This All Saints’ Sunday Christians around the world are being urged to pause and pray for their sisters and brothers in Christ who face persecution. Let me encourage my readers to join in, but to pray still more widely for all those who suffer persecution because of religious faith — and for those who persecute them.
While organizations like Voice of the Martyrs, Open Doors, and Aid to the Church in Need and scholars like Todd Johnson and the late David Barrett of Gordon-Conwell’s Center for the Study of Global Christianity have long worked to draw attention to the persecution of Christians around the world (see also Charles Tieszen’s article in the September 2013 issue of The Lausanne Analysis), the phenomenon has started to attract broader attention as it has intensified in recent years.
Just last month Germany’s Die Welt reported on the plight of Christians in Syria, some 100,000 of whom have fled during the ongoing civil war, part of an “exodus of Christians” from the part of the world that was “the heart of ancient Christianity.” (H/T John Turner, who summarized the German-language article in a post entitled “The Issue of our Day.” His Anxious Bench–mate Philip Jenkins has been warning of the eradication of Christian communities in the Middle East for several years now.) In September the Muslim scholar Reza Aslan likewise spotlighted the maltreatment of Christians in Syria, warning that “What we are witnessing is nothing less than a regional religious cleansing that will soon prove to be a historic disaster for Christians and Muslims alike.”
Several months before Aslan’s piece on Syria, Foreign Affairs also observed the growing persecution of Christians as one of many problems in the Punjab. Also in 2013, the New York Times reported on violence against Christians in Syria, Egypt, Pakistan, and Burma. In 2012 it printed multiple wire service reports about anti-Christian attacks in northern Nigeria by the Islamist group Boko Haram. In addition, China, North Korea, Vietnam, Sri Lanka, Iran, Sudan, Eritrea, and Mali were among the offenders flagged by the U.S. State Department’s International Religious Freedom Report for 2012, at least in part on the basis of how Christian individuals and groups were restricted or abused.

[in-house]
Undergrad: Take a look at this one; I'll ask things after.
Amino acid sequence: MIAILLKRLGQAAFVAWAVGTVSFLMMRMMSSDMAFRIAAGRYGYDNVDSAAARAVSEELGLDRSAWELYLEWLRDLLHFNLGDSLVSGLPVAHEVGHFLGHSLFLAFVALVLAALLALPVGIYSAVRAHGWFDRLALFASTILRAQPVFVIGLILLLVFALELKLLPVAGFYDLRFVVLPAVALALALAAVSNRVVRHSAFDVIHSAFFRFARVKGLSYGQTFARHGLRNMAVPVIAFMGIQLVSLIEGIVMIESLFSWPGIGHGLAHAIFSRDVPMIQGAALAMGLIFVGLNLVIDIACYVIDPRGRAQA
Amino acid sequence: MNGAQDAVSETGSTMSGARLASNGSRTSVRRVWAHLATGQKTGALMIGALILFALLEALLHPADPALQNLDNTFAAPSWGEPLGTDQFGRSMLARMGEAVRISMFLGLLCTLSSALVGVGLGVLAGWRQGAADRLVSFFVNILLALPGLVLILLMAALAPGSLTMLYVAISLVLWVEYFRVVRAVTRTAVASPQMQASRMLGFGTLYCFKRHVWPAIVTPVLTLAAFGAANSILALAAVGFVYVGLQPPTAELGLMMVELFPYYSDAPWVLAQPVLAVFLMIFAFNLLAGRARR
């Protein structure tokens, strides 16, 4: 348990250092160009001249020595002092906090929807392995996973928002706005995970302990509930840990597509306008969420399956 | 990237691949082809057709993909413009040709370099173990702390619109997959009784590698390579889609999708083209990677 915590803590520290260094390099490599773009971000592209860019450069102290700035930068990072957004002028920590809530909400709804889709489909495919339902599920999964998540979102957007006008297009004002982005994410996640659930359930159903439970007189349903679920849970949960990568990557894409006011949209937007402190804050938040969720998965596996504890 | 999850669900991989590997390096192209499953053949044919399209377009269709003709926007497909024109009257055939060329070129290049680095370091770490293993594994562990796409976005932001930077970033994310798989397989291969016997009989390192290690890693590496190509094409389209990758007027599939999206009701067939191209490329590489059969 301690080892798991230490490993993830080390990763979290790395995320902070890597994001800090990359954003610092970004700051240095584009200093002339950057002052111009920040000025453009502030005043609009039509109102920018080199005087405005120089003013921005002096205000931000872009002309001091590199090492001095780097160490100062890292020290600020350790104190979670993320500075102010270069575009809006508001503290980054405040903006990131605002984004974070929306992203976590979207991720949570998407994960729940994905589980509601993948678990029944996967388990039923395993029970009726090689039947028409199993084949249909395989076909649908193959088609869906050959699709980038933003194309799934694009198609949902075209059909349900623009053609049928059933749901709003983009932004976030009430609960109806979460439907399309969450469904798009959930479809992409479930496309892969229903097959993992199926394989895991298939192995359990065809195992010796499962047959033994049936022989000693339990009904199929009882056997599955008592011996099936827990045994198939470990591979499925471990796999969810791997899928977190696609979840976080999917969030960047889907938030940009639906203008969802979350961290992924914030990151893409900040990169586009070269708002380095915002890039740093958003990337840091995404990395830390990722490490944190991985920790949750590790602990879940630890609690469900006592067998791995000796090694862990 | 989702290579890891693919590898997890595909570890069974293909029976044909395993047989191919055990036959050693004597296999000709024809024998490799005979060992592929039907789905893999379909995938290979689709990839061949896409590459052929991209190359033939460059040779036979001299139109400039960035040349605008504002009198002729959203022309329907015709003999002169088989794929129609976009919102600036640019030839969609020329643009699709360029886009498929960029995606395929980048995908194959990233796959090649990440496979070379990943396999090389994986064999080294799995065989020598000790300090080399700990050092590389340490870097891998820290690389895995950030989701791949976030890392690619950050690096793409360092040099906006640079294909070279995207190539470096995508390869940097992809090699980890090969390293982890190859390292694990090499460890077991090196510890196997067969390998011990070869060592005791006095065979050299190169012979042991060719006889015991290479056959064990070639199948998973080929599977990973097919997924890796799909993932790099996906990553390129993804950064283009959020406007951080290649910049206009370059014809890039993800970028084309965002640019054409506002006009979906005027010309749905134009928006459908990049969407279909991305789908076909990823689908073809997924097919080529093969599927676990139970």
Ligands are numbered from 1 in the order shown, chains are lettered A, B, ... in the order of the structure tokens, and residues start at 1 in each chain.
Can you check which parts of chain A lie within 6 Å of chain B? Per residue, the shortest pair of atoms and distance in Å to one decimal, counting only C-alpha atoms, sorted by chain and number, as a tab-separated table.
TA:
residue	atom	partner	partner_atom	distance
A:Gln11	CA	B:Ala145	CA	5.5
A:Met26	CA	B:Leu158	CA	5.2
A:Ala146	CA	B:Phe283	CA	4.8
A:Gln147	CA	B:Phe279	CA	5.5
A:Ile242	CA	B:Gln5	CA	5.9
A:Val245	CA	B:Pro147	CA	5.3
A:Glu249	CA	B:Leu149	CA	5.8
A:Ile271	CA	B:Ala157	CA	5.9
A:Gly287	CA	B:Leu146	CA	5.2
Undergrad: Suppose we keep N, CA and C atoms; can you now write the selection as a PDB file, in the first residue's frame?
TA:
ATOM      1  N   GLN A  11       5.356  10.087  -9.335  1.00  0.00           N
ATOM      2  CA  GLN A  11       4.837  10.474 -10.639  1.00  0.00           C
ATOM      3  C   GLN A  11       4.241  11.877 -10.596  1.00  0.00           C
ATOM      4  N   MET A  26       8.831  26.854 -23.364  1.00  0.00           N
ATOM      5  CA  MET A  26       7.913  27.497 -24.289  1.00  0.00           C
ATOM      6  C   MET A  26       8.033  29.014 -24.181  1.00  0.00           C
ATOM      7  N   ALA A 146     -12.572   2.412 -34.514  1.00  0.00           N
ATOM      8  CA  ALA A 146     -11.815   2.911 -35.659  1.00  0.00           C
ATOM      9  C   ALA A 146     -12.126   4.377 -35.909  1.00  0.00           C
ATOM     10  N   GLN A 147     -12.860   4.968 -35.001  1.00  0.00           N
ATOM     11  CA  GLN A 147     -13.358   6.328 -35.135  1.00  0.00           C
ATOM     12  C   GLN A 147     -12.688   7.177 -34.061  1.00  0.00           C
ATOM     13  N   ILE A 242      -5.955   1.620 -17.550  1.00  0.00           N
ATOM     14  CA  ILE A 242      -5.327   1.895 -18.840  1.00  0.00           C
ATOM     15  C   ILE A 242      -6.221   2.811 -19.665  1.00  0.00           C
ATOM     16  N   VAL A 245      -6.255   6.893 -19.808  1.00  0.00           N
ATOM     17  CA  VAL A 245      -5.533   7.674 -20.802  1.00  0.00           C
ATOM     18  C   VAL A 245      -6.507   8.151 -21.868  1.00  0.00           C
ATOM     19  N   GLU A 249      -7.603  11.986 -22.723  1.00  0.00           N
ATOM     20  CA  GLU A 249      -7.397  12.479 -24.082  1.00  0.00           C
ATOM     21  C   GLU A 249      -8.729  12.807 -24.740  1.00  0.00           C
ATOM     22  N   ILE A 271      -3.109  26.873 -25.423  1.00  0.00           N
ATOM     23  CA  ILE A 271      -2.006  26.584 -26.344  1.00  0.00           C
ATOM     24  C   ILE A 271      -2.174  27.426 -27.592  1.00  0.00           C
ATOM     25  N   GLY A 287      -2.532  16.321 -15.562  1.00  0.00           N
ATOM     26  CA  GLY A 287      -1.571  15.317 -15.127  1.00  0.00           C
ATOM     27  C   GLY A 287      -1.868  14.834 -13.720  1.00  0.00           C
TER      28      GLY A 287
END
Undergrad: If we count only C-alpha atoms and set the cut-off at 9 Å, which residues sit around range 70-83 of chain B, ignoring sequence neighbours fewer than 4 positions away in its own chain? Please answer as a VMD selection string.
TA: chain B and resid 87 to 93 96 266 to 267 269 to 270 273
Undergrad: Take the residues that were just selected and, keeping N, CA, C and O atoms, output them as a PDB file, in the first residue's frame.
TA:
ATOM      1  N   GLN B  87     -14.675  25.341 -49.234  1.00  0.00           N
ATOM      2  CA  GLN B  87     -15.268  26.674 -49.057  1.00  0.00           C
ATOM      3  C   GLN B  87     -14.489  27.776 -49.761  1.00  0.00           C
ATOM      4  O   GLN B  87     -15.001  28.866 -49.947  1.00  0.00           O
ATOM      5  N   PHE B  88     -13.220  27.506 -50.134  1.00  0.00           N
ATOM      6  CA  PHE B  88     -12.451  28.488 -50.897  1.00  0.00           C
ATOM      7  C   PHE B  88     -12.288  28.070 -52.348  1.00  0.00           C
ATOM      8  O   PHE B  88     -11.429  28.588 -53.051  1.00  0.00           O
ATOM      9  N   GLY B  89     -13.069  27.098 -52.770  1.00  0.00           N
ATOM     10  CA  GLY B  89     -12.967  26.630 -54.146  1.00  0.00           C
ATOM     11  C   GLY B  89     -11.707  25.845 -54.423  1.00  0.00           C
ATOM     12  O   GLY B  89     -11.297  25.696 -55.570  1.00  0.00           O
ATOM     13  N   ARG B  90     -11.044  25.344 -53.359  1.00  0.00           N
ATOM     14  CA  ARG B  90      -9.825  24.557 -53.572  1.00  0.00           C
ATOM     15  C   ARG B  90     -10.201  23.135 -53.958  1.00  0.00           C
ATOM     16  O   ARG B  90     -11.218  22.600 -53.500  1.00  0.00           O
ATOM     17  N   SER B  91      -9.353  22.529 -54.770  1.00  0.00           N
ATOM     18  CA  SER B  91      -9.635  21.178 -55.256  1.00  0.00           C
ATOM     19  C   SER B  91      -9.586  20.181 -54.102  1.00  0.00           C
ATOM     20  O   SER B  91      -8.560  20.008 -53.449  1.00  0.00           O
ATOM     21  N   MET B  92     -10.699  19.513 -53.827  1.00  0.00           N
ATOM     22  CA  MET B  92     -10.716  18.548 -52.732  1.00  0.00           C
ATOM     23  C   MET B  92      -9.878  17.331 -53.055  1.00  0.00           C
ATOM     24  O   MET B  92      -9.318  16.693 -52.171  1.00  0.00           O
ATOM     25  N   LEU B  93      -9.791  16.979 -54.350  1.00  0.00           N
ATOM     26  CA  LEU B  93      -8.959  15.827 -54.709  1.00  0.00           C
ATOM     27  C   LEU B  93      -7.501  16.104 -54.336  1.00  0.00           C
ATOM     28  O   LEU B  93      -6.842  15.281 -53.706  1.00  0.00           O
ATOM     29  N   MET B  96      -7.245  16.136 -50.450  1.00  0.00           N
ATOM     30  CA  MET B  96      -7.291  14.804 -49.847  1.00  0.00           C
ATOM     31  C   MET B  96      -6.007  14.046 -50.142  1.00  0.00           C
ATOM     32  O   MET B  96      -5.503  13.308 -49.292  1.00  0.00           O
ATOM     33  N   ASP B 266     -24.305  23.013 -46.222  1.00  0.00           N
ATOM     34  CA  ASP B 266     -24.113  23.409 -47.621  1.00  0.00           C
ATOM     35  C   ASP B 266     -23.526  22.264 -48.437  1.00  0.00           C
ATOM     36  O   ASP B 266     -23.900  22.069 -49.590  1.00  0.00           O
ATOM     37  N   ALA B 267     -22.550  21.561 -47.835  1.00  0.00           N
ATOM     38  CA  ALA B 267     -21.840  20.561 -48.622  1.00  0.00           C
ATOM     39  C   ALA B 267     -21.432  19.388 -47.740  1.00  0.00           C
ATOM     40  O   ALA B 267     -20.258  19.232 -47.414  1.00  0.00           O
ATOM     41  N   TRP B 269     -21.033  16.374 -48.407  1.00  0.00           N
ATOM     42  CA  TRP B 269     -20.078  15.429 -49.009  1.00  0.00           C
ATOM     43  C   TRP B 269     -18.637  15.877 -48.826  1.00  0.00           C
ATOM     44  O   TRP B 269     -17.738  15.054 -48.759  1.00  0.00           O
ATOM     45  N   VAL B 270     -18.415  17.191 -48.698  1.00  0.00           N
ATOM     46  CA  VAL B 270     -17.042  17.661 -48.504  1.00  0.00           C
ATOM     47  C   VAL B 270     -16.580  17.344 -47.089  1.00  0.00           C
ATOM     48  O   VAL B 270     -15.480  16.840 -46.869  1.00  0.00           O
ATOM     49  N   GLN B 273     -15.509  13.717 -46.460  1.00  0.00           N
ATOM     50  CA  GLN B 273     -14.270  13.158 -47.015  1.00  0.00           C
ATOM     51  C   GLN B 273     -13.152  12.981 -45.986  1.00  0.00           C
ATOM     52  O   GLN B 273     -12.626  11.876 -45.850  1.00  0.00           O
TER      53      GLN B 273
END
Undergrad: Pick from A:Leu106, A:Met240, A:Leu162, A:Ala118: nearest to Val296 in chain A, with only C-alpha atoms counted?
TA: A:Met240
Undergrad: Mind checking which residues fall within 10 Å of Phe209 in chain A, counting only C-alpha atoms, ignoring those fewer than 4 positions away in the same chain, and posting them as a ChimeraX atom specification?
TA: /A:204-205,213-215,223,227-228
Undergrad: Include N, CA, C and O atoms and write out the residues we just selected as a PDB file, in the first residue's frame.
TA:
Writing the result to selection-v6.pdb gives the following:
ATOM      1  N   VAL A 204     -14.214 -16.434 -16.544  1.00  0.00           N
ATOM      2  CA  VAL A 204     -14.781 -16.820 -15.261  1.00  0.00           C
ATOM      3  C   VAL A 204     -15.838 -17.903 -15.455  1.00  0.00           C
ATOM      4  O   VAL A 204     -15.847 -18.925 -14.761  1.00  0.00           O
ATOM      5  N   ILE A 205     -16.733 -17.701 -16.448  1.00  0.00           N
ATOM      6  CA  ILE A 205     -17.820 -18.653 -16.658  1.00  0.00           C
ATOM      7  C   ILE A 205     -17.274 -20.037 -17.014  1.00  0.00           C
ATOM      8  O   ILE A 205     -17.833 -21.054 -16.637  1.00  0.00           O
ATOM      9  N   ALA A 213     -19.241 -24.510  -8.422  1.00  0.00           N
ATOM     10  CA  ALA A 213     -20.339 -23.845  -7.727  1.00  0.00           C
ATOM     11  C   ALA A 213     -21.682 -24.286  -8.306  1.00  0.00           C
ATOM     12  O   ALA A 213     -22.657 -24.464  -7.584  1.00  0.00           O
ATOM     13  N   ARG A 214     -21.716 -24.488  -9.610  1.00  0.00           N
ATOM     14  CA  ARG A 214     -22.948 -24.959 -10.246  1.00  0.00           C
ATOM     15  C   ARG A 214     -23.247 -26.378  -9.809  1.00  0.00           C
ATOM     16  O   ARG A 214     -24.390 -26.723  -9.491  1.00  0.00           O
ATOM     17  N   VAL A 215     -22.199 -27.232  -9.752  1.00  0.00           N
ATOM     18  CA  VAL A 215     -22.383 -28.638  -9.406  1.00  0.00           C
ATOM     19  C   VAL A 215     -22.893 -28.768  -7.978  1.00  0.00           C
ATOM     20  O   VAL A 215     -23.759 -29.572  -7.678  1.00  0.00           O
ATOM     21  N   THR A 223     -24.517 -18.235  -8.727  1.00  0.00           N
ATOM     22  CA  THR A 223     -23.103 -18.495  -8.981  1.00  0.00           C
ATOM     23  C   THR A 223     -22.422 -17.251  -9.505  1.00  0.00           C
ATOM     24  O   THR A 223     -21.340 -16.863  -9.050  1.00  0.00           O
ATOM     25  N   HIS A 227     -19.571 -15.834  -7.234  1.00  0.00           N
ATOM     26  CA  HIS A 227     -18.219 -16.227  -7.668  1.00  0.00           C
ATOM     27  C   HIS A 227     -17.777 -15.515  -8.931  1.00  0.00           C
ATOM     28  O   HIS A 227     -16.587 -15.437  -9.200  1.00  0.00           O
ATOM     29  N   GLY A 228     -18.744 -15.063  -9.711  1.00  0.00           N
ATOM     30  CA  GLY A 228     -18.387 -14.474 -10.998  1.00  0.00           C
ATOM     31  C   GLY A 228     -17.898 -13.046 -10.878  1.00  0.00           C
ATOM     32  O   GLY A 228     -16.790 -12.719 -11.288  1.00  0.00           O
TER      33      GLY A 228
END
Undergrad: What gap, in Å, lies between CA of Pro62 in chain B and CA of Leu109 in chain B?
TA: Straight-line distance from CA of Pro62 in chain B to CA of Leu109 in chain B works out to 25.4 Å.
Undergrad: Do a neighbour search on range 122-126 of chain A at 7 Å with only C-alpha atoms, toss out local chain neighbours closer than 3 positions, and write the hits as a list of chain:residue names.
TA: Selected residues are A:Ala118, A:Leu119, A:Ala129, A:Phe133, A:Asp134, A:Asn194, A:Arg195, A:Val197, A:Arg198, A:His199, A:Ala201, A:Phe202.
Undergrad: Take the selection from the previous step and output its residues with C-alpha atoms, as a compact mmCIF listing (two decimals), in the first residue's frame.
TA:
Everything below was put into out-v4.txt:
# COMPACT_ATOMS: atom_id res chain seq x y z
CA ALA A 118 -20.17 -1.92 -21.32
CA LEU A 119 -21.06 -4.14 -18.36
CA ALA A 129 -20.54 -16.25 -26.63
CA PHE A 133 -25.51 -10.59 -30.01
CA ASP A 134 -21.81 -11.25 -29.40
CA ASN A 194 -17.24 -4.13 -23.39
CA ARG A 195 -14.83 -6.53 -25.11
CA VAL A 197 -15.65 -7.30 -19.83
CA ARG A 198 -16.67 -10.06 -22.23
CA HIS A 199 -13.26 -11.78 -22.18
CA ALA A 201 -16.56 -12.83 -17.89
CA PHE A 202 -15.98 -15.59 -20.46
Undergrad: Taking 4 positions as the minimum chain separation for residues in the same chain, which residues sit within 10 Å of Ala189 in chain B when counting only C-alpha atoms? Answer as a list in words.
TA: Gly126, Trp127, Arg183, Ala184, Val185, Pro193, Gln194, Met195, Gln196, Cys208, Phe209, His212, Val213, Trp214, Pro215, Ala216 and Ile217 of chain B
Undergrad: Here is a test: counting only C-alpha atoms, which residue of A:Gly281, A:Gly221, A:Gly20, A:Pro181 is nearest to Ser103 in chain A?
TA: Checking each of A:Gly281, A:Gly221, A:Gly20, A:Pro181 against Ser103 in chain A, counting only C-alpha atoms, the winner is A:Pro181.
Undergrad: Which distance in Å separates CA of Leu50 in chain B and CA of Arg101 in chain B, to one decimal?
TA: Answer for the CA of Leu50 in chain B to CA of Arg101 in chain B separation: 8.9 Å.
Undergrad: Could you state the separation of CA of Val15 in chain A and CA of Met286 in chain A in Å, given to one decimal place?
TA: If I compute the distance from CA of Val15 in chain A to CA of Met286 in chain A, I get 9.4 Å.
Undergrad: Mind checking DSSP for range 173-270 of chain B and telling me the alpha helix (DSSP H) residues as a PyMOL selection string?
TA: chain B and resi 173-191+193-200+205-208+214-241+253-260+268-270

Few have been more impassioned in their reportage than National Catholic Reporter senior correspondent John Allen, who cried out last month that “the global war on Christians remains the greatest story never told of the early 21st century… The carnage is occurring on such a vast scale that it represents not only the most dramatic Christian story of our time, but arguably the premier human rights challenge of this era as well.” That from a piece in The Spectator; he expands on its themes in his new book, The Global War on Christians: Dispatches from the Front Line of Anti-Christian Persecution.
Allen’s work has prompted strong criticism from scholars like Andrew Chesnut, who warns that “Allen has not only done a disservice to Christians around the globe suffering real repression and persecution but has dangerously fanned the flames of religious conflict by calling upon Christians to resist a fictitious war that exists only on the pages of his book and in the questionable data of certain Christian organizations.”
As Darren Carlson pointed out recently at The Gospel Coalition blog, part of the problem is that we often conflate categories like suffering, marginalization, and martyrdom when we talk about persecution. Moreover, the solution is rarely clear — as the case of Syria makes abundantly clear.
Though prayer, he agrees, is a good start.
But on this International Day of Prayer for the persecuted church, I hope Christians also pray for those non-Christians — e.g., Muslims in Burma, Baha’i in Iran, and Hoa Hao Buddhists in Vietnam — who suffer persecution as a result of their faith. (Pray for the Muslims as much at risk from Islamist groups like Boko Haram as Christians.) As Baptist ethicist Russell Moore recently said, Christians (especially evangelicals) need to avoid the posture of “maintaining our own rights without diligently fighting for religious liberty for all persons.”
Harder, and more important still… Pray for those being persecuted by Christians. Pray for the Jewish population of Hungary, where the third largest political party is Jobbik, a self-described “radically patriotic Christian party” whose anti-Semitic, anti-Roma rhetoric has made it a significant enough player that the current prime minister has coopted many of its policies. Pray for religious minorities in Russia, where a government closely aligned with the Russian Orthodox Church has — in the judgment of the State Department — is failing to protect the religious liberty of groups as diverse as Jehovah’s Witnesses, Muslims, Scientologists, and the Falun Gong.
And finally, pray for the persecutors. As much as we are to “Remember those who are in prison, as though you were in prison with them; those who are being tortured, as though you yourselves were being tortured” (Heb 13:3), so too are we to “bless those who curse you, pray for those who abuse you” (Luke 6:28). Pray, perhaps, with the words of this collect from the Book of Common Prayer:
O God, the Father of all, whose Son commanded us to love our enemies: Lead them and us from prejudice to truth: deliver them and us from hatred, cruelty, and revenge; and in your good time enable us all to stand reconciled before you, through Jesus Christ our Lord.